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11. Relativistic kinetic energy of a particle

If the mass increases with velocity as discussed in the previous chapter, what is the relationship between kinetic energy and velocity?

Classical kinetic energy

In classical (low speed) physics we are taught that the kinetic energy of a particle is given by:

*KE* = ½*mv*^{2} . (11.1)

We can derive this as

where all the vectors are in the forward direction of motion (in the *x* direction) so we just show these as scalars. Finishing the derivation, we have:

.

(11.3)

Derivation of relativistic kinetic energy

In the relativistic case, we repeat the same steps as above except that now the mass is a function of velocity as given by:

We now repeat the steps in (11.2) and (11.3) with this new non-constant mass that varies with velocity *v*. This calculation will be more laborious because of this new addition and will take a few lines of equations:

, (11.5)

, (11.6)

where we have used integration by parts for the second step. Also, please excuse the monster integral signs. This is one of the few flaws in the equation editor I use, MathCast, which is otherwise extremely good, especially considering that it is free, very easy to install, and makes entering equations very fast.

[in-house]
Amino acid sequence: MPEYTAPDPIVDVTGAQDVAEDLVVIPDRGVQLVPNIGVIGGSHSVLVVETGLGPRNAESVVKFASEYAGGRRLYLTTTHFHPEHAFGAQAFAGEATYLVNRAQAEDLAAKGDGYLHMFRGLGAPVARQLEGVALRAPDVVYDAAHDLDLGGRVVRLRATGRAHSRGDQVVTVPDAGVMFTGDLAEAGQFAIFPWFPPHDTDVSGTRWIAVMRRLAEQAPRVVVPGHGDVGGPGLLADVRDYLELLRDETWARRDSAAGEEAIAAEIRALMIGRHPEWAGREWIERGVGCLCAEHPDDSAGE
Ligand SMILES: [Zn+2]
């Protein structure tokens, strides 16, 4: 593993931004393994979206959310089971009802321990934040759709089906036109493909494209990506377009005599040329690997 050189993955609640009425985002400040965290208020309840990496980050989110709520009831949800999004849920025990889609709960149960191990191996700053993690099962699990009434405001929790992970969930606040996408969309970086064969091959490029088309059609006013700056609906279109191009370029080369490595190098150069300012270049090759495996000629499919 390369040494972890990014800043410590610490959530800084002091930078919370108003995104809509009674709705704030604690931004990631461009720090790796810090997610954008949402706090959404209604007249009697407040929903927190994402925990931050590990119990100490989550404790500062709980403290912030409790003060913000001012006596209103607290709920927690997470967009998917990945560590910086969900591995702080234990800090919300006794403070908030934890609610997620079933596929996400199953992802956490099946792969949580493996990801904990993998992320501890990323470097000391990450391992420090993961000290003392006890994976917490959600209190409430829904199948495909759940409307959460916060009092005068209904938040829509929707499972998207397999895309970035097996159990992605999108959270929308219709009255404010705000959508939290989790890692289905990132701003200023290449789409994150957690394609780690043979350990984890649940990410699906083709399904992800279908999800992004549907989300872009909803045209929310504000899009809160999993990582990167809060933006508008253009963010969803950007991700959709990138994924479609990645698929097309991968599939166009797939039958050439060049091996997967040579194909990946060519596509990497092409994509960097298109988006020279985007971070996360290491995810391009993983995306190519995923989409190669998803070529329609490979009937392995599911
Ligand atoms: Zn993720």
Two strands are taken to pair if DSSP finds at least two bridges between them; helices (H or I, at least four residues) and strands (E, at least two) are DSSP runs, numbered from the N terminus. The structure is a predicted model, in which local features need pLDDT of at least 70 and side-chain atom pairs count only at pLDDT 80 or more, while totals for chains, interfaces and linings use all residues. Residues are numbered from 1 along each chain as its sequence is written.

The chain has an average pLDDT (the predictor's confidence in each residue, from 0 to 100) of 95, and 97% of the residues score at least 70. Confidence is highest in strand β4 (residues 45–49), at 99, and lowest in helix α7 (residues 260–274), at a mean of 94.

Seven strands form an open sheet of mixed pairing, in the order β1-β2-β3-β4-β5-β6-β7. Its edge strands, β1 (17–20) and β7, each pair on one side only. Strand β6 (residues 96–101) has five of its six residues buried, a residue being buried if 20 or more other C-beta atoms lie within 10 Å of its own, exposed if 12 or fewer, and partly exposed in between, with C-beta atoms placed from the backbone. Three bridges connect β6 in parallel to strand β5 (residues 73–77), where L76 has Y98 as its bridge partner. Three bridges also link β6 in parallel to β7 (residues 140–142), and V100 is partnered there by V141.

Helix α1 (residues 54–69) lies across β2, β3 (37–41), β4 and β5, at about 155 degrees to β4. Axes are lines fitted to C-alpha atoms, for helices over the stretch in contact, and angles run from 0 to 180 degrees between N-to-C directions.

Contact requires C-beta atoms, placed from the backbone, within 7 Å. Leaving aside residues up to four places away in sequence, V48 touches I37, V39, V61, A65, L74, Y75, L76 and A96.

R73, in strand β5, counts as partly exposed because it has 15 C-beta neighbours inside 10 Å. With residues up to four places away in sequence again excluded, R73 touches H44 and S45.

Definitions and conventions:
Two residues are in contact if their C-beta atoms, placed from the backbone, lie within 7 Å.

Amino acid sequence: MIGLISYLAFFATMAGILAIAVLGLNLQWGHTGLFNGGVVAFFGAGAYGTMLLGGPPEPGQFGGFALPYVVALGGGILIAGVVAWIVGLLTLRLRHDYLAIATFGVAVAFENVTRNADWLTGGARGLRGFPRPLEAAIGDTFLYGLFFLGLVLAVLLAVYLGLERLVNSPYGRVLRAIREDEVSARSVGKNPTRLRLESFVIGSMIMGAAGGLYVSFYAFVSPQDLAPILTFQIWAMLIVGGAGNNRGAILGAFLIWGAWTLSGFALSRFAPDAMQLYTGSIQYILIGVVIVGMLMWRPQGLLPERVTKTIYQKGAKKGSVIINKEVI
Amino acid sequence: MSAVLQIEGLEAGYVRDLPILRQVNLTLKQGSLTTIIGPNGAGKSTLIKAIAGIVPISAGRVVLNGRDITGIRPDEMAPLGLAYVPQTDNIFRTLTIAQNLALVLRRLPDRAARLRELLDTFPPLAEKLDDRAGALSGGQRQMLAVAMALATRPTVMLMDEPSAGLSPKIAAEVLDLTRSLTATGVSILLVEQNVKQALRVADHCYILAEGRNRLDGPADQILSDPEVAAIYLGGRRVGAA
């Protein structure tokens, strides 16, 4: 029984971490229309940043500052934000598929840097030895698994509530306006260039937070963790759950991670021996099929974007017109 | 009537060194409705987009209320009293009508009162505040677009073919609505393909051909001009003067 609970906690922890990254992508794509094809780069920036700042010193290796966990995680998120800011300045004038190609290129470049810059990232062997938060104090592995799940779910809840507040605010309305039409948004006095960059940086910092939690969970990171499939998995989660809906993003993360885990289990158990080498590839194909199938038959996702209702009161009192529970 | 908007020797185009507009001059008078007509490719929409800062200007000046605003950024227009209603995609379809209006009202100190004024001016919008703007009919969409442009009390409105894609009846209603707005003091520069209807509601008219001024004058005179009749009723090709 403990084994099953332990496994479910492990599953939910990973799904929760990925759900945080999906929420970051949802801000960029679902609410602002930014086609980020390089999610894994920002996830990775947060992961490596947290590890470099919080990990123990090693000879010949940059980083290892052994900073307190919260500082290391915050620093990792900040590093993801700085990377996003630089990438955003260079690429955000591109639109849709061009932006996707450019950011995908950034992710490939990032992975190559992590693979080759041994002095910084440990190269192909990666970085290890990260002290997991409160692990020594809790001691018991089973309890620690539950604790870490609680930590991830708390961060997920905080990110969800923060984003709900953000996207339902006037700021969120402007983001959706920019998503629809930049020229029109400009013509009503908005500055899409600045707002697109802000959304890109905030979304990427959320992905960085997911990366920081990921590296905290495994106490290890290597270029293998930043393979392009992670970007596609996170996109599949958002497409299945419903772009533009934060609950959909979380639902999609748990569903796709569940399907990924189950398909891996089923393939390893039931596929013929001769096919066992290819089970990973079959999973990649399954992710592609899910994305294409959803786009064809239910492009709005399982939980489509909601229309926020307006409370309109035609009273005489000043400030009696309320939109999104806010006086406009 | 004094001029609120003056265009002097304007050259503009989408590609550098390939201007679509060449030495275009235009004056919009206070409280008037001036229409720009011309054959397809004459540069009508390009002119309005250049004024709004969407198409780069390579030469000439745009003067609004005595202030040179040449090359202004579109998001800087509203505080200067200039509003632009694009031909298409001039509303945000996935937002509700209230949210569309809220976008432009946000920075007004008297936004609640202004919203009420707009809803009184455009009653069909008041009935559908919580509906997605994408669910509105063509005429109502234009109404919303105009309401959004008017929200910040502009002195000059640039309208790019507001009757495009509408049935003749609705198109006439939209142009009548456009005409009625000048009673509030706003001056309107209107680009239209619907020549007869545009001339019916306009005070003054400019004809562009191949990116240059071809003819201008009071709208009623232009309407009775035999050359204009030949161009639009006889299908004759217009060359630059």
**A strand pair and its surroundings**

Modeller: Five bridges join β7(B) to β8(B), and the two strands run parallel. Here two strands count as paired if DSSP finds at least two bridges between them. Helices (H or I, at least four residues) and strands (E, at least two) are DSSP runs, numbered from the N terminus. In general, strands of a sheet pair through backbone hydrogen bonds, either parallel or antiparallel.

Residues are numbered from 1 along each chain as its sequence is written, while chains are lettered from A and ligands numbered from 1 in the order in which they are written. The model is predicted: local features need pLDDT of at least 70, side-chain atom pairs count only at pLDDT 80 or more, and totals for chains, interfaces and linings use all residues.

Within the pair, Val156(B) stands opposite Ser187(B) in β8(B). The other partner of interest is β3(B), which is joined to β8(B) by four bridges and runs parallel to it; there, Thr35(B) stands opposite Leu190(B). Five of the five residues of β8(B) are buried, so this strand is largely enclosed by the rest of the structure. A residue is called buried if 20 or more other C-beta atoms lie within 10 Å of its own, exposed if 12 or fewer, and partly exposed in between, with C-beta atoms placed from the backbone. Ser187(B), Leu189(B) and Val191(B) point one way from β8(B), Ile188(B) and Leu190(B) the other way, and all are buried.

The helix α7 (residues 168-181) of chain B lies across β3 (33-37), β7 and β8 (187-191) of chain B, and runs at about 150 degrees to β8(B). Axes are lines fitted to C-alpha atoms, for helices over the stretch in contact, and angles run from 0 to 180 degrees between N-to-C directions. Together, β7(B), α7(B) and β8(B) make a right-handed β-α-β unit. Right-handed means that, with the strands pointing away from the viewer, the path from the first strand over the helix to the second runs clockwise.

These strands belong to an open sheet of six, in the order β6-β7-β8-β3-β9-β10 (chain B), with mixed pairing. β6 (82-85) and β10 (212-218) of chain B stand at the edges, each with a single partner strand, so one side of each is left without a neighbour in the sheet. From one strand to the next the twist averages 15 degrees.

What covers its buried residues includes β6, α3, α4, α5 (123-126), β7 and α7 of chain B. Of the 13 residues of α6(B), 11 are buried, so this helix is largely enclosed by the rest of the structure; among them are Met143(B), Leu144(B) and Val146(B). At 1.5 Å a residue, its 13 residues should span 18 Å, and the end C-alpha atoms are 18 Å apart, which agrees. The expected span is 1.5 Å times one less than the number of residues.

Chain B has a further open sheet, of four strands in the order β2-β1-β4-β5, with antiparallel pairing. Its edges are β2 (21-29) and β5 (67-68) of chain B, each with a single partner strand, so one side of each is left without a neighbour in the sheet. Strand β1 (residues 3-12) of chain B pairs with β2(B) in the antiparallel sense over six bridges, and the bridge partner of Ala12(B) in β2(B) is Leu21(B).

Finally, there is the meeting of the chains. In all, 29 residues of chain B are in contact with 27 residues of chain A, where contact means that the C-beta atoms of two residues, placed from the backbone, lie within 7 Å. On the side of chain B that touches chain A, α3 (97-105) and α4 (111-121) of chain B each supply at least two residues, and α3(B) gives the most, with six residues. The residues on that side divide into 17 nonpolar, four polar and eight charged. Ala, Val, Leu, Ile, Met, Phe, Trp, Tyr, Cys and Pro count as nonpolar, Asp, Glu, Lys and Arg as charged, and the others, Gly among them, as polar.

, (11.7)

where *u* is defined as:

Continuing with (11.7), we have:

, (11.9)

and:

Interpretation of relativitic energy

It is standard to call the left-most term of the final expression in (11.10) the "total relativistic energy" or *E _{total}* and the right-most term the "relativistic rest mass energy" or

*E*

_{0}:

Making this substitution, we write (11.10) as:

Interpreted this way, the total energy of a particle (or object or mass) has two components, the kinetic energy and the rest mass energy. Identifying *E*_{0} as an energy was quite a leap of faith for Einstein, because at the time there was no conceivable way to extract this energy for use or even for experimental verification that this term indeed was an "energy" i.e. an ability to do work. He made the leap primarily because it made a nice equation for the energy as shown in (11.11) above. The ensuing years revealed the annihilation of matter and antimatter, nuclear fission, and nuclear fusion, all of which converted this rest mass energy to the more normal forms of energy (light and heat) verifying his bold assumption.

Incorporating the rest mass into the energy also allowed the energy and the three momentum components (*p _{x}*,

*p*, and

_{y}*p*) to make up a "four vector", a concept we shall briefly explain in Chapter 14.

_{z}Momentum/energy transform

We can use our new mass/energy relationship (11.11) to rewrite the momentum/mass transformation, equation (10.25), at the end of the previous chapter as:

where in this equation we represent the total energy of the object (rest energy plus kinetic energy) as *E* . We have also multiplied the bottom items in (10.25) on either side of the equal sign by *c*^{2} .

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